Aug 18, 2014 • Michael Chen

JavaScript is a popular web language initially implemented on Netscape Navigator and later adapted on virtually all browsers. Since a JavaScript engine is a part of a browser, we had to embed JavaScript file in a HTML page, to load the script from the browser, and to use function like prompt() or alert() to receive from and response to developers. Nevertheless, with Node.js, we can program in JavaScript like in Perl, meaning running JavaScript file from the command line.

Node.js is a platform built on Chrome’s JavaScript runtime for building network applications. We can use the interpreter of Node.js to practice JavaScript. To install Node.js, go to its website and download the binary distribution of Node.js. If you are using Linux, you can likely get Node.js from system package manager. After installation, you obtain node, the JavaScript interpreter of Node.js and a package manager, npm, of Node.js.

We start with a “Hello world” program. Save the following content in hello.js or other file name.

#!/usr/bin/env node
"use strict";
console.log("Hello World!");

You may notice that we invoke strict mode here. Strict mode change some semantics of JavaScript, making your script less error-prone. However, the behaviors after invoking strict mode vary in different browsers. For compatibility, it’s better to wrap strict mode inside a function. You may see more infomation at this page from Mozilla.

Execute the script with node or add exec mode with chmod.

$ node hello.js
Hello World!

Or do this:

$ chmod +x hello.js
$ ./hello.js

If you want to install third-party libraries of Node.js, use npm. However, npm behaves a little different from the package manager of other programming language. npm install libraries into the subdirectory of current directory called node_modules and node search node_modules for libraries. If you change to different directories, you may need to re-install libraries. To install libraries to a fixed system directory, install Node.js packages with npm install -g.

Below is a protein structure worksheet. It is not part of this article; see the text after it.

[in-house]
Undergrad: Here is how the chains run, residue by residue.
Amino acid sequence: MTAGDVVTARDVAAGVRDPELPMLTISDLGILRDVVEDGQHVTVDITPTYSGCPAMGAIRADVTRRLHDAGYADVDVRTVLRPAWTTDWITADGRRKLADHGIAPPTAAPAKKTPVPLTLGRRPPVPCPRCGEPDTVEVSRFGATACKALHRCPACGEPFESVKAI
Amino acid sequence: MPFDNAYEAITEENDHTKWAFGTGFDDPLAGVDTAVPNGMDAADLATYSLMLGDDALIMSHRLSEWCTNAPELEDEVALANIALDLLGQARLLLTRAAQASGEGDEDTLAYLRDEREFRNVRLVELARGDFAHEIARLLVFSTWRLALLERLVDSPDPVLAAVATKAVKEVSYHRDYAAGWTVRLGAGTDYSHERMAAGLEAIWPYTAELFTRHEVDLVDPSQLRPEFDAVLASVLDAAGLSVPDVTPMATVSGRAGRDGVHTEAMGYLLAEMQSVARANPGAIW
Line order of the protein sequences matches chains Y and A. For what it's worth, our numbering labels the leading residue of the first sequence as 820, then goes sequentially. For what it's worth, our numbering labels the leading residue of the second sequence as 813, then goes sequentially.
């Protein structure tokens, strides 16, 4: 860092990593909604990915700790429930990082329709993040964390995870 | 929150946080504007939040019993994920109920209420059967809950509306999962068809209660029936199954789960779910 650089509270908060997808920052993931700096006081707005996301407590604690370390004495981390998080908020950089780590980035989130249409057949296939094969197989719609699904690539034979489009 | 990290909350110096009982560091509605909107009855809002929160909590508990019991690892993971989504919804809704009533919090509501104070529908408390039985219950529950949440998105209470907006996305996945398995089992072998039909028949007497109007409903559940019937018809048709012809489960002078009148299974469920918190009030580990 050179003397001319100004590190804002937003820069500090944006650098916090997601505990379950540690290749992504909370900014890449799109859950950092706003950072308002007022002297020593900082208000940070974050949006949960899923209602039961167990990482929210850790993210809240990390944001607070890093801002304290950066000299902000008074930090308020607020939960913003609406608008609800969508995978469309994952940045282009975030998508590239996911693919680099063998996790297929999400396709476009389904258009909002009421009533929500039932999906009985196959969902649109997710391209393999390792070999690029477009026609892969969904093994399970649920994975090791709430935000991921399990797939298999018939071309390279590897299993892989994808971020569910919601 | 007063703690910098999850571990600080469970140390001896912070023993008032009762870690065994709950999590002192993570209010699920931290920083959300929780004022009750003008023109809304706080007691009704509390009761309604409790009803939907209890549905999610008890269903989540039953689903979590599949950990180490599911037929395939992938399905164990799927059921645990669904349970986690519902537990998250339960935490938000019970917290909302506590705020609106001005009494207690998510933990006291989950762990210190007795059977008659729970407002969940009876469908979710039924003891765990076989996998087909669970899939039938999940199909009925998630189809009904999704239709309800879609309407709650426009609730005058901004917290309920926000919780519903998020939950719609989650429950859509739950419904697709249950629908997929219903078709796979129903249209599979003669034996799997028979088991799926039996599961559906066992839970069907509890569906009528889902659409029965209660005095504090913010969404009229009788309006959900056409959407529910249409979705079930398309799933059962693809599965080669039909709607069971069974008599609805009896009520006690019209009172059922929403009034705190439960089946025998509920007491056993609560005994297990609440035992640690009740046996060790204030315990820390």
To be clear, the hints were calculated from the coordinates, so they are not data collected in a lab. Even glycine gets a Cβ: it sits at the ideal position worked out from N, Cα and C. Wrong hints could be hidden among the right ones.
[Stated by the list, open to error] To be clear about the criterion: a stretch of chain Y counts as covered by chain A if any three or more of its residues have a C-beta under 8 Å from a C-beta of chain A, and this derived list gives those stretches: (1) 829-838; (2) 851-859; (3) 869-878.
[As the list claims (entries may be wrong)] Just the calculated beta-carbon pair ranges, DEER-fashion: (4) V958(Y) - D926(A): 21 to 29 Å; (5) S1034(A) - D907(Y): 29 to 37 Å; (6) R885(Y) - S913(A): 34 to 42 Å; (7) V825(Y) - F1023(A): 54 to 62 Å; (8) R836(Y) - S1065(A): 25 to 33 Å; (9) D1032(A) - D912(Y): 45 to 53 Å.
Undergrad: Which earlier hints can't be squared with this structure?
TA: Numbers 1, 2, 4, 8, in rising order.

You also need to set NODE_PATH variable in shell config file like ~/.profile.

export NODE_PATH=/usr/local/lib/node_modules

If you begin learning JavaScript with Node.js, you may notice that there is no built-in function in Node.js to receive input from user. If you want to get input data from user and don’t mind blocking I/O, consider readline-sync. To install readline-sync with npm:

$ npm install -g readline-sync

Here is an example to use readline-sync

var readlineSync = require('readline-sync');
var answer = readlineSync.question('What is your favorite food? ');
console.log('Oh, so your favorite food is ' + answer);

Using blocking I/O is not a good style in Node.js, but it’s easier than writing callbacks just for inputs from yourself.

Node.js store command line arguments in process.argv array. To receive data from command line arguments, do like the following example:

var arg = process.argv.slice(2);
// change console.log to other intended description

We do no command line parsing here. We just receive data from first argument. If you need some command line parsing, you can use optimist.

After knowing some basic I/O, you may start learning JavaScript syntax. A good online tutorial like Eloquent JavaScript will be a good starter.